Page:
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3 Questions PR and Comms Pros Need to Ask About Human-AI Collaboration

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The growth of artificial intelligence (AI) technology in the last 12 months has given the PR and communications industry plenty of food for thought. Generative tools like ChatGPT have the capability to transform the way the industry operates, though the key to unlocking AI’s potential rests in how humans interact with it.

This was the topic of discussion in a recent episode of The PRWeek Podcast, in which PRWeek Editorial Director Gideon Fidelzeid discussed all things AI with Antony Cousins, Executive Director of AI Strategy at Cision. While we encourage you to listen to the full podcast episode, if you’re short on time, we’ve provided three takeaways from the podcast, exploring key questions that PR teams need to be asking about working with AI.

#1: What Tasks Can AI Do Better Than Humans?

Though ChatGPT and similar text and image tools have opened the door for fast content creation, Cousins notes that AI is “still passive” and requires human guidance to accomplish tasks. 

Cousins adds that ChatGPT may not always be capable of generating “great text,” but it provides a tool for creators to quickly get started.

"AI can do 80%, but you absolutely need a human to oversee, to check [the generated copy] for bias and for that [human] intuition and experience."

Where AI excels right now is in quickly processing vast amounts of data. For PR pros, Cousins cites analysis and distribution as two examples where AI has the upper hand. “That is something AI can do better at the basic level,” he says. “If you’ve got millions of mentions in a topic you’re trying to analyze, you don’t have a chance of getting through that in a way that an AI could.”

In the case of journalist outreach, Cousins notes that both humans and AI can identify reporters, audiences and outlets to place specific stories. However, AI can execute this task at scale faster than a human could. “You might make a better decision on an individual outlet, but you can't do that for 1,000 outlets,” he says. “So that's something where I see AI taking more of a role.”

Though AI will take care of automating time-consuming tasks and combing through data, it’s still down to PR pros to make sense of what the technology presents. “Understanding the story you want to tell your client, your boss, your organisation, or your stakeholders and how it needs to be configured to make your point, that is still human,” Cousins says.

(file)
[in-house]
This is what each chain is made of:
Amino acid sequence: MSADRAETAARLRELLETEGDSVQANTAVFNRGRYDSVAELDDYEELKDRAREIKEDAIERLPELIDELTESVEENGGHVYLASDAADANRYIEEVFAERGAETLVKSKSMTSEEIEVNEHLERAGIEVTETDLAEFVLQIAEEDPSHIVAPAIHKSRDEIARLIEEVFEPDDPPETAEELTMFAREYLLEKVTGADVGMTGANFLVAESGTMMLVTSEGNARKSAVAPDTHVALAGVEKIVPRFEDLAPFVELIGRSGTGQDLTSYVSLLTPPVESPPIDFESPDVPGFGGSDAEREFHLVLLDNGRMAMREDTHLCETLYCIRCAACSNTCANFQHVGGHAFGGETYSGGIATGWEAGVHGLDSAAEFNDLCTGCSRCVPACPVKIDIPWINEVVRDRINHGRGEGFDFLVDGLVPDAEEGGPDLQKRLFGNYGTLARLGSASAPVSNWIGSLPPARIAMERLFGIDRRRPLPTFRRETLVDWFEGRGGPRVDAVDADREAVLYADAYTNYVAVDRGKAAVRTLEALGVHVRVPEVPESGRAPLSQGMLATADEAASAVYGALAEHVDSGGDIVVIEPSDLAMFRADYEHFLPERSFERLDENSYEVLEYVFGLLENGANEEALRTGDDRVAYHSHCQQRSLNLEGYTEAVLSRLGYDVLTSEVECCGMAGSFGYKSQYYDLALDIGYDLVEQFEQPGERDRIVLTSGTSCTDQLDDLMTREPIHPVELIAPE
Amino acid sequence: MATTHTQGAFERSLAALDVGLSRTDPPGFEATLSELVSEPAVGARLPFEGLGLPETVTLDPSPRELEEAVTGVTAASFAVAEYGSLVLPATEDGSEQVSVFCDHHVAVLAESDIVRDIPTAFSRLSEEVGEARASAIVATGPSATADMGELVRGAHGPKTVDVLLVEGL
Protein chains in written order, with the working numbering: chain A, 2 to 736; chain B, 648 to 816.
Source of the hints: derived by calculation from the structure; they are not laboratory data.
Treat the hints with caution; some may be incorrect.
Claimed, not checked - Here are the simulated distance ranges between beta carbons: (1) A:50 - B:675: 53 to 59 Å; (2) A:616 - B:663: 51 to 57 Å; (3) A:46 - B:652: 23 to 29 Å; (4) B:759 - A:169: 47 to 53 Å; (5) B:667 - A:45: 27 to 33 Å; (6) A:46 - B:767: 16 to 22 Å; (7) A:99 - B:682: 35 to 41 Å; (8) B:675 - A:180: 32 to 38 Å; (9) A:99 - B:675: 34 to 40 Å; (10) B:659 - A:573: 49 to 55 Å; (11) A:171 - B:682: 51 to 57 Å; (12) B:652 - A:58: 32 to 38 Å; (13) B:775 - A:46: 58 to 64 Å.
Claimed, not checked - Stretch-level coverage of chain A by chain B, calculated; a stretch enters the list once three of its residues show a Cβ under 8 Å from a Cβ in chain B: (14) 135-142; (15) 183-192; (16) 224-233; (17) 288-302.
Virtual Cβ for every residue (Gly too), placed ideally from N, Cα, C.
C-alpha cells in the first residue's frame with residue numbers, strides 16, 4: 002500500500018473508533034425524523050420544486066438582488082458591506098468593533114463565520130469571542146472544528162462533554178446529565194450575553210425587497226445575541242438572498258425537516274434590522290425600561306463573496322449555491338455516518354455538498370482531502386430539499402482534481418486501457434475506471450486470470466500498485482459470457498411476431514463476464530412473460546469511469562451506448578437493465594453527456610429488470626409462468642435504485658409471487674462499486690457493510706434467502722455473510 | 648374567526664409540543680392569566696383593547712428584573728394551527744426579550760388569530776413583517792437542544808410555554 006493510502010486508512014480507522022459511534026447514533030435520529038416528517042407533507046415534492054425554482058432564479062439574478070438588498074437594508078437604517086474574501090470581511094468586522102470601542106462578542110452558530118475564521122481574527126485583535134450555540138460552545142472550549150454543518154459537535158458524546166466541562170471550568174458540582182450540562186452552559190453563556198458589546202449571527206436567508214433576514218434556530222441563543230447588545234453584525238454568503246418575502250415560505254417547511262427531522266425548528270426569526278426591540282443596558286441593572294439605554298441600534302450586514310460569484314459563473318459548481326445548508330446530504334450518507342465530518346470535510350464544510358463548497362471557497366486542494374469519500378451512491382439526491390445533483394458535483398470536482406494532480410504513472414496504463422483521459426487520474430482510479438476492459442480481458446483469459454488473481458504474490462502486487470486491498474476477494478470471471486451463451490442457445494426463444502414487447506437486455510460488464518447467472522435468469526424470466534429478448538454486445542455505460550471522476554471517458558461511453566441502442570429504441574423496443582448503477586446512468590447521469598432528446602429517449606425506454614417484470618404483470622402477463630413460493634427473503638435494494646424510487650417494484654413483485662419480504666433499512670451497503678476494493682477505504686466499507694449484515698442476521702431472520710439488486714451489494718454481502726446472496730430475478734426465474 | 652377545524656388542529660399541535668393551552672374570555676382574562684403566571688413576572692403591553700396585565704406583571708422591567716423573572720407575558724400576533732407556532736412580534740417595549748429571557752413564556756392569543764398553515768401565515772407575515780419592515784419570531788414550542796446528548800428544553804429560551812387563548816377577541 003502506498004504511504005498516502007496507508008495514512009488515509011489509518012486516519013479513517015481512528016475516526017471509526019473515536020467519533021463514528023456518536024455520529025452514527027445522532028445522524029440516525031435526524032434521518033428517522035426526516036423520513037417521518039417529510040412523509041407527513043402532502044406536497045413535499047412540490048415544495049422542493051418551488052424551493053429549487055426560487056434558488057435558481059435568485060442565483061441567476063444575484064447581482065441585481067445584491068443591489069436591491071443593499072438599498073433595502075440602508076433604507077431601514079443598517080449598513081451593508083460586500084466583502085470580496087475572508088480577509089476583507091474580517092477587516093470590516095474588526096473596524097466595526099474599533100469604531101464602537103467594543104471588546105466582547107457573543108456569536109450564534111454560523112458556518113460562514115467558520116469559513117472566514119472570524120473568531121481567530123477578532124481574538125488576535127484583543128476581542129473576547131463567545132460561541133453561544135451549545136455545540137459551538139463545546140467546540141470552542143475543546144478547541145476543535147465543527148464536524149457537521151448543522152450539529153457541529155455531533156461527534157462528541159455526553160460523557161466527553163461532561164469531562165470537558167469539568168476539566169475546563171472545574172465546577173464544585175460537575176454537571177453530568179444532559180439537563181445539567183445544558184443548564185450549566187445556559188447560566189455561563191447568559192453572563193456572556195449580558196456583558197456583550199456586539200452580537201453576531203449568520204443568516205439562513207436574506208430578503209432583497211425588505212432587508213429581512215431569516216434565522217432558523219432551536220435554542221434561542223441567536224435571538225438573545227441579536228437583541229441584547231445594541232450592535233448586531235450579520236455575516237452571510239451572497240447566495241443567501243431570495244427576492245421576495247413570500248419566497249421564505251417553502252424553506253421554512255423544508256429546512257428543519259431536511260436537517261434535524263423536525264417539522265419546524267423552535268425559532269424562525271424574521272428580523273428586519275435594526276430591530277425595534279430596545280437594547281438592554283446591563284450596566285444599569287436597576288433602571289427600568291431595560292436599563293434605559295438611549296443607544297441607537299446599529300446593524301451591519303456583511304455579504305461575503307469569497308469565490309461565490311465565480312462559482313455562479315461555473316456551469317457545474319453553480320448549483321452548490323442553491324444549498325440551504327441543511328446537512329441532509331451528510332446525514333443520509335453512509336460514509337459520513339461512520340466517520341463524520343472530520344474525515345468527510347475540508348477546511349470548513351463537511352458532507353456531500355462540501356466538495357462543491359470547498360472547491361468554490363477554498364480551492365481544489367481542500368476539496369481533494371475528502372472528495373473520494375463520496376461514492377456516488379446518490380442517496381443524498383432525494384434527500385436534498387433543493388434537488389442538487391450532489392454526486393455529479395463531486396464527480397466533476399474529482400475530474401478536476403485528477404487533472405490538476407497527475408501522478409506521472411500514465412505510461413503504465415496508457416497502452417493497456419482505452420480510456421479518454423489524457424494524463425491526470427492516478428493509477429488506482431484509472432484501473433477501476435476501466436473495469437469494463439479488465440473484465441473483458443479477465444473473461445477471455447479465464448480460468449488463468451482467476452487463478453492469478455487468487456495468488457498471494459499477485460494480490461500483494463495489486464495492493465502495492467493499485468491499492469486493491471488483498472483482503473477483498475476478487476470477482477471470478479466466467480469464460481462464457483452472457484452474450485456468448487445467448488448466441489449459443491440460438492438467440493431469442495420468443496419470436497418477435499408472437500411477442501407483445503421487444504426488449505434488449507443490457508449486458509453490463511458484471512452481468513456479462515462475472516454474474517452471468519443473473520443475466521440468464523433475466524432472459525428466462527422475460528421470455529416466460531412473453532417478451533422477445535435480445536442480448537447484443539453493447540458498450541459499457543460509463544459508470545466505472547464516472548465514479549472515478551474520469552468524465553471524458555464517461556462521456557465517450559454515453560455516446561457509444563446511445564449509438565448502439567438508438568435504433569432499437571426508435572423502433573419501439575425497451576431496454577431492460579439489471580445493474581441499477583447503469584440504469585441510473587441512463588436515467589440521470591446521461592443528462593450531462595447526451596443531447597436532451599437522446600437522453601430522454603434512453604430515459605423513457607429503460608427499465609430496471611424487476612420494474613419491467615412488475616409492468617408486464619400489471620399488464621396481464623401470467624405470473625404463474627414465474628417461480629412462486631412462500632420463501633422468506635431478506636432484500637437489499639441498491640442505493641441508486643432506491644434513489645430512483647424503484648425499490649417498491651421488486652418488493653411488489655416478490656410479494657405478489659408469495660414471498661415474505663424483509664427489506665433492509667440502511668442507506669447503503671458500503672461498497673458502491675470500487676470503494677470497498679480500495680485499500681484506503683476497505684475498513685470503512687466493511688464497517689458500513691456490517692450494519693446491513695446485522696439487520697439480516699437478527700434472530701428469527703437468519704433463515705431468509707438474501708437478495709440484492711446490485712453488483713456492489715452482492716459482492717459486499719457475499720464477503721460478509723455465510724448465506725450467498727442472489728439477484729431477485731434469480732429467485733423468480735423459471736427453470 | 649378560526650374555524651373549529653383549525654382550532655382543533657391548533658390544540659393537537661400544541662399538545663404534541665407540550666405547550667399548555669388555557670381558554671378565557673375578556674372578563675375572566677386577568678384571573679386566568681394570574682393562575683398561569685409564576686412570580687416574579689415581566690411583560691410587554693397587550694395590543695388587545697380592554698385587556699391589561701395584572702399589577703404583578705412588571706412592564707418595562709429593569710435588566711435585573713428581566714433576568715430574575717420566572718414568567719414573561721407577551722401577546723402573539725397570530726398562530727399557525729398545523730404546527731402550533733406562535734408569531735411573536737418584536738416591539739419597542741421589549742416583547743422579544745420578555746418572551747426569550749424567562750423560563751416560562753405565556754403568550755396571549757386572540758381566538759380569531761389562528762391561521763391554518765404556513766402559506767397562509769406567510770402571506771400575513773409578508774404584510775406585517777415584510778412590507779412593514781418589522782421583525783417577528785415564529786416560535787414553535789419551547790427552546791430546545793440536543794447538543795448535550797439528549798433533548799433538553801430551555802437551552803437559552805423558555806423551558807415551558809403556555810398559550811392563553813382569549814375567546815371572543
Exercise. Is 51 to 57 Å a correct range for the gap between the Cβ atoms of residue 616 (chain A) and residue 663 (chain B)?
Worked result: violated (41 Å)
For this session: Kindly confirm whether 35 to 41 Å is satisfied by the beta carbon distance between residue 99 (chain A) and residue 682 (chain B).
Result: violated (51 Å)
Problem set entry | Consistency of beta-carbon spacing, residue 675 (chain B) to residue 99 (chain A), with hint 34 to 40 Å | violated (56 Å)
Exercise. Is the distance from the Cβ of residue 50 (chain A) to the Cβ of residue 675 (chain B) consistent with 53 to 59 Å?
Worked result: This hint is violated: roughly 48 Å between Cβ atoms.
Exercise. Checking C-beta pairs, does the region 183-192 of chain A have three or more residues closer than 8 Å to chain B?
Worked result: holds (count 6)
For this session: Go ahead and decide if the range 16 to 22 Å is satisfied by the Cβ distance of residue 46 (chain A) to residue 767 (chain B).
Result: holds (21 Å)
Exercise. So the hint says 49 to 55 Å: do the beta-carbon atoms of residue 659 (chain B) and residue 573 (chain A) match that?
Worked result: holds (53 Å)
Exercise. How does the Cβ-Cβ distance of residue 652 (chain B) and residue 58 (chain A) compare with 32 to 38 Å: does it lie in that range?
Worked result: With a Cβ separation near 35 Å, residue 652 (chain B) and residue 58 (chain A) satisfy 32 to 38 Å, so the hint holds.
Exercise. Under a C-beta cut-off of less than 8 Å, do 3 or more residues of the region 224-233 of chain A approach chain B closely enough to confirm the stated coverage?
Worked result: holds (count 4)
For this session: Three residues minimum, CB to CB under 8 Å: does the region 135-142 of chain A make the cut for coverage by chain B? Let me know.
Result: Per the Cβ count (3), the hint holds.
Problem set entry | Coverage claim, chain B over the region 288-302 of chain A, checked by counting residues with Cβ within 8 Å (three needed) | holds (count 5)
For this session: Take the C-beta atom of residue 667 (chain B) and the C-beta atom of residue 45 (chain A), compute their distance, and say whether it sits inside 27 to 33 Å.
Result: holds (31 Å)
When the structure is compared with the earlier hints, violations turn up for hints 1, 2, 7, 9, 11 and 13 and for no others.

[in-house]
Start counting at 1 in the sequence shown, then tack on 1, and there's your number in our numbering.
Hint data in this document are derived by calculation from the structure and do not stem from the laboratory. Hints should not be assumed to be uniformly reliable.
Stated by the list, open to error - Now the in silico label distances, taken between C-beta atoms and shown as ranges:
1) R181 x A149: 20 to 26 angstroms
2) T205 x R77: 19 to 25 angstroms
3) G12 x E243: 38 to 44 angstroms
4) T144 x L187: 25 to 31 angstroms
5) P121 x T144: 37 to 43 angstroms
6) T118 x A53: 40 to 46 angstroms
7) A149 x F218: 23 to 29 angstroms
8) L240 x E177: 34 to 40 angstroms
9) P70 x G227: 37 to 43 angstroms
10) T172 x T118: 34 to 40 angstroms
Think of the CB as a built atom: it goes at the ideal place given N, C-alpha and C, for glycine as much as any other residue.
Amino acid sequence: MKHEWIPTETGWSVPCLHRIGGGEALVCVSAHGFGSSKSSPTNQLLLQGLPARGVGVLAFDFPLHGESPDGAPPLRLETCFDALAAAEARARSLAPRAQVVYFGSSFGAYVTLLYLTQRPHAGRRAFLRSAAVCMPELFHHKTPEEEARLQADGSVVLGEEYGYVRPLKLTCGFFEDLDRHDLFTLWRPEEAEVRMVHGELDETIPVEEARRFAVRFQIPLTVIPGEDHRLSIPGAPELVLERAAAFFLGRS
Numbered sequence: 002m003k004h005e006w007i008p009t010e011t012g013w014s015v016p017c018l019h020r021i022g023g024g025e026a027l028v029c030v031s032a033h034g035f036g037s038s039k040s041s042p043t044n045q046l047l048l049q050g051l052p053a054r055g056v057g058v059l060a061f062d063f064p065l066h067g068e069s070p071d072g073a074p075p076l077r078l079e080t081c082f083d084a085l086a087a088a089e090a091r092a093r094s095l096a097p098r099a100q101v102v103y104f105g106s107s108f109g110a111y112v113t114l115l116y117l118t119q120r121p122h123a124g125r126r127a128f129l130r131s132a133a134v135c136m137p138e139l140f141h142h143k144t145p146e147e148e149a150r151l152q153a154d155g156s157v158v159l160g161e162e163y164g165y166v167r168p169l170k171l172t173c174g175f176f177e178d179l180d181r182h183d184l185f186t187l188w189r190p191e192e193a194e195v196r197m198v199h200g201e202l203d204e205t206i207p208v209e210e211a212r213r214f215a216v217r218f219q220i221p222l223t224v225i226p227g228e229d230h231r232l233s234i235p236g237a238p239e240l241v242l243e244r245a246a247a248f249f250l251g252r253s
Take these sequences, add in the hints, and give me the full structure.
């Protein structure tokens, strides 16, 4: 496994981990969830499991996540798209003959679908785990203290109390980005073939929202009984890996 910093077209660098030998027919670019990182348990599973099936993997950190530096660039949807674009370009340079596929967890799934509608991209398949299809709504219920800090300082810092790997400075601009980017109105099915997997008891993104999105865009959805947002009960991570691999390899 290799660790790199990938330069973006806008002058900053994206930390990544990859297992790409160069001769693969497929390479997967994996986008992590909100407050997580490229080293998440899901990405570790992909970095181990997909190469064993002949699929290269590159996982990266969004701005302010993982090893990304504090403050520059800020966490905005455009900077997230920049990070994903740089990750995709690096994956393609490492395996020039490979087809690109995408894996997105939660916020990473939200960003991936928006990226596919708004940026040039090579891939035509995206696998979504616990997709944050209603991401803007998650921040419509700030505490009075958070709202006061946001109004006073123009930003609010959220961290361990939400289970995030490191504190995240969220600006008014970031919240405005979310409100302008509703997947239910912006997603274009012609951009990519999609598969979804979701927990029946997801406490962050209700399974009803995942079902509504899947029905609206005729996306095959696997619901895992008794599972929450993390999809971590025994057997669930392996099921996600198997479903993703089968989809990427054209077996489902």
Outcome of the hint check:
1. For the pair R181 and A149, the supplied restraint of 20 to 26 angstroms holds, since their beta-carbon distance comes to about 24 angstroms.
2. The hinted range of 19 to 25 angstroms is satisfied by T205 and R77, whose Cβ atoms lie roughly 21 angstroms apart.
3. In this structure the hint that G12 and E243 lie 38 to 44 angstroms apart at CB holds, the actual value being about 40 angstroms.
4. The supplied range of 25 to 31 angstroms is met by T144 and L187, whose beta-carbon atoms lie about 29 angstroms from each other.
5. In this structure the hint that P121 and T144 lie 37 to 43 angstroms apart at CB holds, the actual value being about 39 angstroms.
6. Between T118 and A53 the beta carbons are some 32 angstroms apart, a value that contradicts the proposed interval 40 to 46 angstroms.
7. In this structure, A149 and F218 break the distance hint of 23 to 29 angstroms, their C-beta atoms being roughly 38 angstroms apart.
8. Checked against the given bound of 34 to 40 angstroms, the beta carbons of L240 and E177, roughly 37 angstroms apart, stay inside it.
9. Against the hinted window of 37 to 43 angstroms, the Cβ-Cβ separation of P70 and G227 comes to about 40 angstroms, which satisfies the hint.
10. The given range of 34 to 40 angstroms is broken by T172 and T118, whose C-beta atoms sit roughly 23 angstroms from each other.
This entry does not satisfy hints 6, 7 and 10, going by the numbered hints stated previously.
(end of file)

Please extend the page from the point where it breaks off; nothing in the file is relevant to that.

#2: Is There a Right Place and Time to Use AI-Generated Content?

The short answer is yes. Use of AI to create and publish content is still in its infancy, so it’s natural to be concerned about when and where to deploy it and what impact it will have on the reader.

In Cousins’ view, using AI to generate text is “not a problem in a situation where you’re creating content using your own knowledge and experience.” He gives the example of a press officer using AI to help generate a press release, explaining that AI’s role is to speed up the process of creating copy a PR professional would have produced otherwise.

Another example of this would be using AI “to improve or check text you’ve already written, because those are things you would use colleagues for. That’s not a problem.” Where use of AI gets into tricky ethical territory is “when you yourself are using AI-generated text to represent knowledge or experience you don’t have.”

Cousins says it’s important to be wary of AI use in areas like responding to customers or journalist media requests. “Just creating an answer on ChatGPT and pasting it into the response is presenting itself fraudulently, right? That is an existing kind of illegality in some situations, so I don’t think the tool itself changes that. We’ve got to use those existing frameworks of what is deemed acceptable or not.”

#3: How Will AI Affect the Creative Industries?

The use of AI has prompted many questions around the ethical concerns PR pros need to be mindful of. For example, AI text or image generators may bring bias and discrimination that could be inherent in the data used to train them.

There is one aspect of the ethics discussion that Cousins believes isn’t being talked about, though, and that’s the longer-term impact it will have on the creative industries.

“In PR, we use many different supporting providers. We use videographers, we use photographers, and we exploit the products of those industries to further the causes of our brands,” he says. “The challenge we’ve got with AI is that if it becomes capable of producing, let’s say, 80% of those basic tasks that all those creative folks do for us right now, then we have a real risk that we are wiping out the creative industries, because we’ve automated that work.”

"The PR industry has an ethical responsibility to protect and ensure the engagement of humans in our supporting processes or risk losing this resource when it’s really needed."

“I think two to three years down the line, if we’ve all just slept-walked into using generative AI for our images and videos, we’re all of a sudden going to find ourselves with a lot less humans surrounding us with human decision-making and human intuition in those supporting creative processes,” he says.

For more insights into the application of AI in PR – including the accuracy and “hallucinations” of generated content, the speed with which new AI products are hitting the market, and what a PR team will look like five years from now – listen the podcast in full.

To learn more about how CisionOne utilizes AI to help PR and communications teams, get in touch to speak with an expert today.